“Food security has been a chief mission of the Chinese state since early in the dynastic era…it remains a primary state objective in the early twenty-first century” (McBeath & McBeath, 2008, p. 50)

The notion of food security is an important one for any populous country today, yet as the most populous country in the world, it is of particular relevance for China (McBeath & McBeath, 2008). As researchers, we hope to uncover whether Genetically Modified Organisms, or GMOs, are a sustainable solution to provide the ever-growing population China with secure food resources in the future.

As stated by Christiansen (2009), “central planners in China since the 1950s have considered food sufficiency a function of the production of grain” (p. 550). Due to the fact that it accounts for the majority of China’s cereal output, public notions of food security often boil down to the adequacy of rice production in a given year and thus rice will serve as the focus of the analysis of the role genetically modified crops could play in China’s future ability to feed its constantly growing population (Christiansen, 2009). Our region of focus will be the Southeast provinces which, as can be seen in the interactive map linked below, have long played an instrumental role in Chinese rice production.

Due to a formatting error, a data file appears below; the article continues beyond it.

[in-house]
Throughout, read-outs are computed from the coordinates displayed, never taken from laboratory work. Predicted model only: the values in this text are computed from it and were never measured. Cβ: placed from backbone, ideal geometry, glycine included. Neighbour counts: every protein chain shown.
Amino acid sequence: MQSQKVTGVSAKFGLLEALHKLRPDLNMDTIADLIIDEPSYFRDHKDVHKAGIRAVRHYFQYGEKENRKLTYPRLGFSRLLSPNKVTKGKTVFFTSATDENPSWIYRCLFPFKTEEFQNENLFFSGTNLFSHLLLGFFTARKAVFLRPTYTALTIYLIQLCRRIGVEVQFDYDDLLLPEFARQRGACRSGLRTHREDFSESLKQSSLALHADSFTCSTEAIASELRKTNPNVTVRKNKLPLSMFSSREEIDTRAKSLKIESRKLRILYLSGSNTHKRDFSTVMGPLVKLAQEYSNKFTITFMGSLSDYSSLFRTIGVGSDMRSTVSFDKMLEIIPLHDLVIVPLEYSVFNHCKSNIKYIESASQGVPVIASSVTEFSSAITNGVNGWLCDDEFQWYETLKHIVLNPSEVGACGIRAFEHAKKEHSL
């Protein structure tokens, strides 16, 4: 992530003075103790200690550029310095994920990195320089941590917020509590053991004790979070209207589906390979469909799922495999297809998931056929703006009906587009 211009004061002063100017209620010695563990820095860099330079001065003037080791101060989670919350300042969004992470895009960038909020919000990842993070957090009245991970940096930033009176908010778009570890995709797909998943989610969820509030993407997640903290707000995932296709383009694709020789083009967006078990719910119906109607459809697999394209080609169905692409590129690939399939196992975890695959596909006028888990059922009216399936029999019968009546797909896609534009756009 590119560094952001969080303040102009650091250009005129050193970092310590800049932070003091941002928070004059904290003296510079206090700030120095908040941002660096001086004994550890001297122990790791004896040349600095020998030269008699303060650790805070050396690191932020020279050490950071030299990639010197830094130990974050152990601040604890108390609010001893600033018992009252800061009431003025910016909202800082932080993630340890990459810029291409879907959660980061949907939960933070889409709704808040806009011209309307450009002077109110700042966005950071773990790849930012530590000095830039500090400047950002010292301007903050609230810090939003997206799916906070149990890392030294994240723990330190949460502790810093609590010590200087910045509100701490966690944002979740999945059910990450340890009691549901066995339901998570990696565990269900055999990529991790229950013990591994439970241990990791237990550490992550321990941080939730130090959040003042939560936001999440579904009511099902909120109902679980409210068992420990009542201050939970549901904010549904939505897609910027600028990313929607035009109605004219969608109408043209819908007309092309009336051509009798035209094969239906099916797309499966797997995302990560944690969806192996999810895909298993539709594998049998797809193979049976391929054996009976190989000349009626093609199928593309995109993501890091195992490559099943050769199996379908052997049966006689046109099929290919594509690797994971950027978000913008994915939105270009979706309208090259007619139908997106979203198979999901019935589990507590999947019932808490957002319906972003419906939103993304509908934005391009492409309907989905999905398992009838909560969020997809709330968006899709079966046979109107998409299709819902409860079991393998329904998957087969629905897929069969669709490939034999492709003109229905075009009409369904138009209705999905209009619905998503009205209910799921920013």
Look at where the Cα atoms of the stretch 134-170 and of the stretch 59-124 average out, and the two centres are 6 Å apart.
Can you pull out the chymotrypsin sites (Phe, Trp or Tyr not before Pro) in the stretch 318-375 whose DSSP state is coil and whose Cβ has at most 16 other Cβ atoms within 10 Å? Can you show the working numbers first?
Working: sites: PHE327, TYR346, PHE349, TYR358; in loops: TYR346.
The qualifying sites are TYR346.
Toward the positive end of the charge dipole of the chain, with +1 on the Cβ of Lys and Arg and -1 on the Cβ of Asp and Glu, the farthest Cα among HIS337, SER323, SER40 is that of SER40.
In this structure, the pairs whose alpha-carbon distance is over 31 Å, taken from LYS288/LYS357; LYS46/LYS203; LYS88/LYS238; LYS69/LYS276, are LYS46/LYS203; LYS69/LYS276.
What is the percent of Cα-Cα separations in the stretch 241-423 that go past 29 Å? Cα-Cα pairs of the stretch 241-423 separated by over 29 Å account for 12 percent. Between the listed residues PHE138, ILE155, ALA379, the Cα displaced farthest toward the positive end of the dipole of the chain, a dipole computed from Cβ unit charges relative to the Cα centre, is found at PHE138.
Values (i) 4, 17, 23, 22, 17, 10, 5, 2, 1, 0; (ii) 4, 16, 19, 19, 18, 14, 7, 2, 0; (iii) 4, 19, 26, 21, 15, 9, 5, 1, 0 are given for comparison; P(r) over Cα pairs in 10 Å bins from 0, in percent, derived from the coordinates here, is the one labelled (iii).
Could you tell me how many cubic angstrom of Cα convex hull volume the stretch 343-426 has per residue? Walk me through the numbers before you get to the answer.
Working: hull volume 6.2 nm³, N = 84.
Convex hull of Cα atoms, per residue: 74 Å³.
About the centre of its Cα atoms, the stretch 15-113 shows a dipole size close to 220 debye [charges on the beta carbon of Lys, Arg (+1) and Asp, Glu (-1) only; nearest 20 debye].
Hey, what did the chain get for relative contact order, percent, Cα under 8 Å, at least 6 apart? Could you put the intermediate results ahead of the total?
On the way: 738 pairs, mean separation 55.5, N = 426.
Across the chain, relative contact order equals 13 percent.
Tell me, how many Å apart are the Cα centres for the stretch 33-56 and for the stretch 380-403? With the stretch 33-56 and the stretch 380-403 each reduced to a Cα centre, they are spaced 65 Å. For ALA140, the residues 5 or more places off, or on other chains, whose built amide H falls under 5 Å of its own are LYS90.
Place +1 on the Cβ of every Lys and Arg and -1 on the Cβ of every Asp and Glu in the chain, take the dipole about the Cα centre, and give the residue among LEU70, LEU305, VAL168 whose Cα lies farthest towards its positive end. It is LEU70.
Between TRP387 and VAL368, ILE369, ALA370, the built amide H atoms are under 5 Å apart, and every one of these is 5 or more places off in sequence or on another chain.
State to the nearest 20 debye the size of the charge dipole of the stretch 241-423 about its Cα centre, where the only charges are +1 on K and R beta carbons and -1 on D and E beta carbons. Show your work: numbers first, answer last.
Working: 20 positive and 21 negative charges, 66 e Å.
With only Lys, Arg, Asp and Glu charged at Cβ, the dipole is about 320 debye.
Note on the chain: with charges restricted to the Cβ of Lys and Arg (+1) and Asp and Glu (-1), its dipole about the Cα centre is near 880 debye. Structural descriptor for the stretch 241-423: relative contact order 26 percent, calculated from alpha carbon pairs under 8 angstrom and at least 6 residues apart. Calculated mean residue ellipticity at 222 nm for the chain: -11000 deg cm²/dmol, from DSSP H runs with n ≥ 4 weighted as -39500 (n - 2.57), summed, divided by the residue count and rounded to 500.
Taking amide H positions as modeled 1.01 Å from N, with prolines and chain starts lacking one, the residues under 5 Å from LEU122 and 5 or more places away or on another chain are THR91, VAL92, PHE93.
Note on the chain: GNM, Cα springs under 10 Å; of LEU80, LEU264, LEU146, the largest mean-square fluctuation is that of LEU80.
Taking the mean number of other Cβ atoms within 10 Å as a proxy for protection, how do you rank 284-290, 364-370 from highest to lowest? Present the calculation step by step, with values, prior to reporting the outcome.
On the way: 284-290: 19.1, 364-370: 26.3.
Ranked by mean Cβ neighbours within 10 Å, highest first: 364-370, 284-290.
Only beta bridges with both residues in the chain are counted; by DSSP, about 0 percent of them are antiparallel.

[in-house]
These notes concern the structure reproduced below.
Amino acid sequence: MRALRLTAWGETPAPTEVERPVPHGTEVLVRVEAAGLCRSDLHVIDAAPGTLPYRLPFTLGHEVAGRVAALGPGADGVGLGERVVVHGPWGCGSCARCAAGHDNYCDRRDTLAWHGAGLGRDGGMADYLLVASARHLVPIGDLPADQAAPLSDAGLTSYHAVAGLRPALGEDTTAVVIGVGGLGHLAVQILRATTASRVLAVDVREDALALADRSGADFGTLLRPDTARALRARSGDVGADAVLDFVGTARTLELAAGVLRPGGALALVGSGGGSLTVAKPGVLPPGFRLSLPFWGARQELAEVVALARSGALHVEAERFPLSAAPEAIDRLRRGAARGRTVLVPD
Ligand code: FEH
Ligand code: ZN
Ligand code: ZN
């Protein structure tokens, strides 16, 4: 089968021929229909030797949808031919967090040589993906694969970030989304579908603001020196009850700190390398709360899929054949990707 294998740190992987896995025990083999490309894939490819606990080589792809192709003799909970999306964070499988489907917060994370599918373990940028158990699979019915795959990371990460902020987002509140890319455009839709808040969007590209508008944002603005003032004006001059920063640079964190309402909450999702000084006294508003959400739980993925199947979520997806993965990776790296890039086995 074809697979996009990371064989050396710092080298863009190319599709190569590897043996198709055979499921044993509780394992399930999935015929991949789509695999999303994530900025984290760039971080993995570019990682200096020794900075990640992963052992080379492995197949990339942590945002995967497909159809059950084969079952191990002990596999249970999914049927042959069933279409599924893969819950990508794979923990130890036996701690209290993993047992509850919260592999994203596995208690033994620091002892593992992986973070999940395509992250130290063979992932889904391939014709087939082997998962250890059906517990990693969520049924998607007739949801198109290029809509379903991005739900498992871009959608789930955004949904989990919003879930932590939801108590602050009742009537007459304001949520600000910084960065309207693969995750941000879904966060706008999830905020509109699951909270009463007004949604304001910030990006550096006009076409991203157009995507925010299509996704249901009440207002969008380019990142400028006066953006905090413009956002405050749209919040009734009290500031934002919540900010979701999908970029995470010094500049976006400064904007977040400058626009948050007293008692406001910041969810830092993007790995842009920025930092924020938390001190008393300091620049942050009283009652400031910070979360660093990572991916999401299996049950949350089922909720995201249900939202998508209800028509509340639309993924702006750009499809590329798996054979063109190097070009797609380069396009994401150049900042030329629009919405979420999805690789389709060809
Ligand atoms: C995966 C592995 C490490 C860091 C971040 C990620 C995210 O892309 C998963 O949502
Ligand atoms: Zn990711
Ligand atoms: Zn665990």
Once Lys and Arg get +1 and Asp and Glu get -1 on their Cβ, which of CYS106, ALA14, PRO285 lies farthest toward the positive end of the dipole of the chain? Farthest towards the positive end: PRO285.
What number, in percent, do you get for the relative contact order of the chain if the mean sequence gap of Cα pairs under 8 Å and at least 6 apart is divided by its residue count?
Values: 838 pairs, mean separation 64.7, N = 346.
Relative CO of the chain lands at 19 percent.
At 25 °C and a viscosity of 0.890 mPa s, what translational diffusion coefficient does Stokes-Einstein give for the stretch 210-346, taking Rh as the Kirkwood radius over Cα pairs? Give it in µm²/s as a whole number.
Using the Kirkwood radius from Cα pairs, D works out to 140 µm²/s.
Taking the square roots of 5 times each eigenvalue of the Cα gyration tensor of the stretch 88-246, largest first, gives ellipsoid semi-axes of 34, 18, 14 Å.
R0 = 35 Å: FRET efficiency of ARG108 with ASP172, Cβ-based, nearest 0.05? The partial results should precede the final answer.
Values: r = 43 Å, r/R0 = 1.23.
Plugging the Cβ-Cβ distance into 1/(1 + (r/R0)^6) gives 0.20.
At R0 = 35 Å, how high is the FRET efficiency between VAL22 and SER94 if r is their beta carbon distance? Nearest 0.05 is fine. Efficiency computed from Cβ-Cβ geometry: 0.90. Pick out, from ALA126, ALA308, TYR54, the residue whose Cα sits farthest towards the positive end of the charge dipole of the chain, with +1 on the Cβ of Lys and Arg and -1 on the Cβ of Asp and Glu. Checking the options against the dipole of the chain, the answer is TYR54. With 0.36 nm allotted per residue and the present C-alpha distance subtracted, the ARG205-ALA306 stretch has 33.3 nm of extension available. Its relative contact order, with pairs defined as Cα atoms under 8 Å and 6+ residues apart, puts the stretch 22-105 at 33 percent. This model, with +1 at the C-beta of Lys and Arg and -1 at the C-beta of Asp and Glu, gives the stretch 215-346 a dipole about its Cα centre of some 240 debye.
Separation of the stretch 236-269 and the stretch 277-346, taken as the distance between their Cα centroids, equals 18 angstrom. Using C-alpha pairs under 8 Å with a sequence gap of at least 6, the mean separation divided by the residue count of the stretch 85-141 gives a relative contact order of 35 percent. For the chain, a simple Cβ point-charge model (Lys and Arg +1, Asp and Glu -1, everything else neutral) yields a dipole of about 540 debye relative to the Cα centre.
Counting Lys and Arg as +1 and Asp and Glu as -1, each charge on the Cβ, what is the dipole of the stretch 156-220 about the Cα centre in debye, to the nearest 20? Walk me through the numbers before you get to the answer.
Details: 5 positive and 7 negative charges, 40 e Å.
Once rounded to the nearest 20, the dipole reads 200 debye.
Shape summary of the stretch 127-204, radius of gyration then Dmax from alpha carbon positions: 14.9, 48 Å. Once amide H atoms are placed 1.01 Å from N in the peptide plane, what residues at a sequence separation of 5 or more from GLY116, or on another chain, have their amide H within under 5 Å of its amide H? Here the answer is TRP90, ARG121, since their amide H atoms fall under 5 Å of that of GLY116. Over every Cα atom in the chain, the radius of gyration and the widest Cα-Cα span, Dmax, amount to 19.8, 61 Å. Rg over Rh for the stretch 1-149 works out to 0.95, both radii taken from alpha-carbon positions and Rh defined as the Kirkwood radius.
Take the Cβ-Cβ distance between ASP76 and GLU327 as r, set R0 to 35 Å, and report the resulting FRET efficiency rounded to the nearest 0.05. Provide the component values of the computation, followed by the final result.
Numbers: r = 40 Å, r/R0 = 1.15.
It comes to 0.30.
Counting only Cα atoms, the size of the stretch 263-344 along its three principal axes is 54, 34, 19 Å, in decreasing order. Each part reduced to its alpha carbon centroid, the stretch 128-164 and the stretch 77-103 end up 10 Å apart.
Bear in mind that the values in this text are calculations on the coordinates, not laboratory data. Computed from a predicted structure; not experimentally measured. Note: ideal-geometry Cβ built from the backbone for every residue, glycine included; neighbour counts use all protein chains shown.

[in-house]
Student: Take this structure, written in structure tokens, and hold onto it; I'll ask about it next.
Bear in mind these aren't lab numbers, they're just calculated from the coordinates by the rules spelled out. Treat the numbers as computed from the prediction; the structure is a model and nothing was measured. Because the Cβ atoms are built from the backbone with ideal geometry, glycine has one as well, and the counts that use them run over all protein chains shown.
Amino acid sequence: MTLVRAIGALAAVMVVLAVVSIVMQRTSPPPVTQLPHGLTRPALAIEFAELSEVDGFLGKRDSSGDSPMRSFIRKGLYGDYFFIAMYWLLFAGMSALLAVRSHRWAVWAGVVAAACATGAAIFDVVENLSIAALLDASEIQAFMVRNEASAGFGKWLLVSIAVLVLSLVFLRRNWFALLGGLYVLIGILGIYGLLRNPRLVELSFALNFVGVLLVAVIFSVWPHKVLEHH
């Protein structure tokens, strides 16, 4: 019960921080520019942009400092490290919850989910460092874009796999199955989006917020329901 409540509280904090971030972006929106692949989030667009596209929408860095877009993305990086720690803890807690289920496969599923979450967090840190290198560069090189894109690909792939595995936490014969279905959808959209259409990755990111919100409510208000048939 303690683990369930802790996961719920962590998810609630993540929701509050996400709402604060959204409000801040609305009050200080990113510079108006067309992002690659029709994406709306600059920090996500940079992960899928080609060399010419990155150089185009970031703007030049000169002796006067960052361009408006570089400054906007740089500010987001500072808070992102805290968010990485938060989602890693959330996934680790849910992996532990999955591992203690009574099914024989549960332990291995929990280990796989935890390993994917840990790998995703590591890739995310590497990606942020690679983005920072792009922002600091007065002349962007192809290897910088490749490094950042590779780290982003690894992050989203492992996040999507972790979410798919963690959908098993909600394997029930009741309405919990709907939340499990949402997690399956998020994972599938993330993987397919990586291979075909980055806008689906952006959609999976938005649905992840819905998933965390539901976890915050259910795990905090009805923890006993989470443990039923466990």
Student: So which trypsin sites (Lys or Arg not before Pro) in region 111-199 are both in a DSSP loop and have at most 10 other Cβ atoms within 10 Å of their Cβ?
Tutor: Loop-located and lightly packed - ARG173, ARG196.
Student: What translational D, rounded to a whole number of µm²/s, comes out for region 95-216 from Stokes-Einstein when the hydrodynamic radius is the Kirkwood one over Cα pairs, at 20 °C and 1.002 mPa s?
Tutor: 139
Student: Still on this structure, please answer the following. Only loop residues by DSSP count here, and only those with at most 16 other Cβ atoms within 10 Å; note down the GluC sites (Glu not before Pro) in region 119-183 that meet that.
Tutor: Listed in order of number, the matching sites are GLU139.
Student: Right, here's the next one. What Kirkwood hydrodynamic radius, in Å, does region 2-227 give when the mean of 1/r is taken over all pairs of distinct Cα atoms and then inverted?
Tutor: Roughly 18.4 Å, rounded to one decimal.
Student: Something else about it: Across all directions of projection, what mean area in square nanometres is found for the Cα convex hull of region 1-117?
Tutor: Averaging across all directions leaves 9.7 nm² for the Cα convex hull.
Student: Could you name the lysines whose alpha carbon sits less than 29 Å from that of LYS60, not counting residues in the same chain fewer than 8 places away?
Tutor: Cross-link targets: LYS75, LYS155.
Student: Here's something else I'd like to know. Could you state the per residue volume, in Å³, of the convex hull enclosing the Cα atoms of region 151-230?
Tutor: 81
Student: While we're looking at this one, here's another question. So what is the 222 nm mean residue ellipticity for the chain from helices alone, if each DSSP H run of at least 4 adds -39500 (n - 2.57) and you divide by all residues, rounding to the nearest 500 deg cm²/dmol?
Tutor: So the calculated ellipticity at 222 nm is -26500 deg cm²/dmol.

Click to view an interactive map of rice yields in China.
Click to view an interactive map of rice yields in China.


  1. Christiansen, Flemming. “Food security, urbanization and social stability in China.” Journal of agrarian change 9.4 (2009): 548-575.
  2. McBeath, J., & McBeath, J. H. (2009). Environmental stressors and food security in China. Journal of Chinese Political Science, 14(1), 49-80.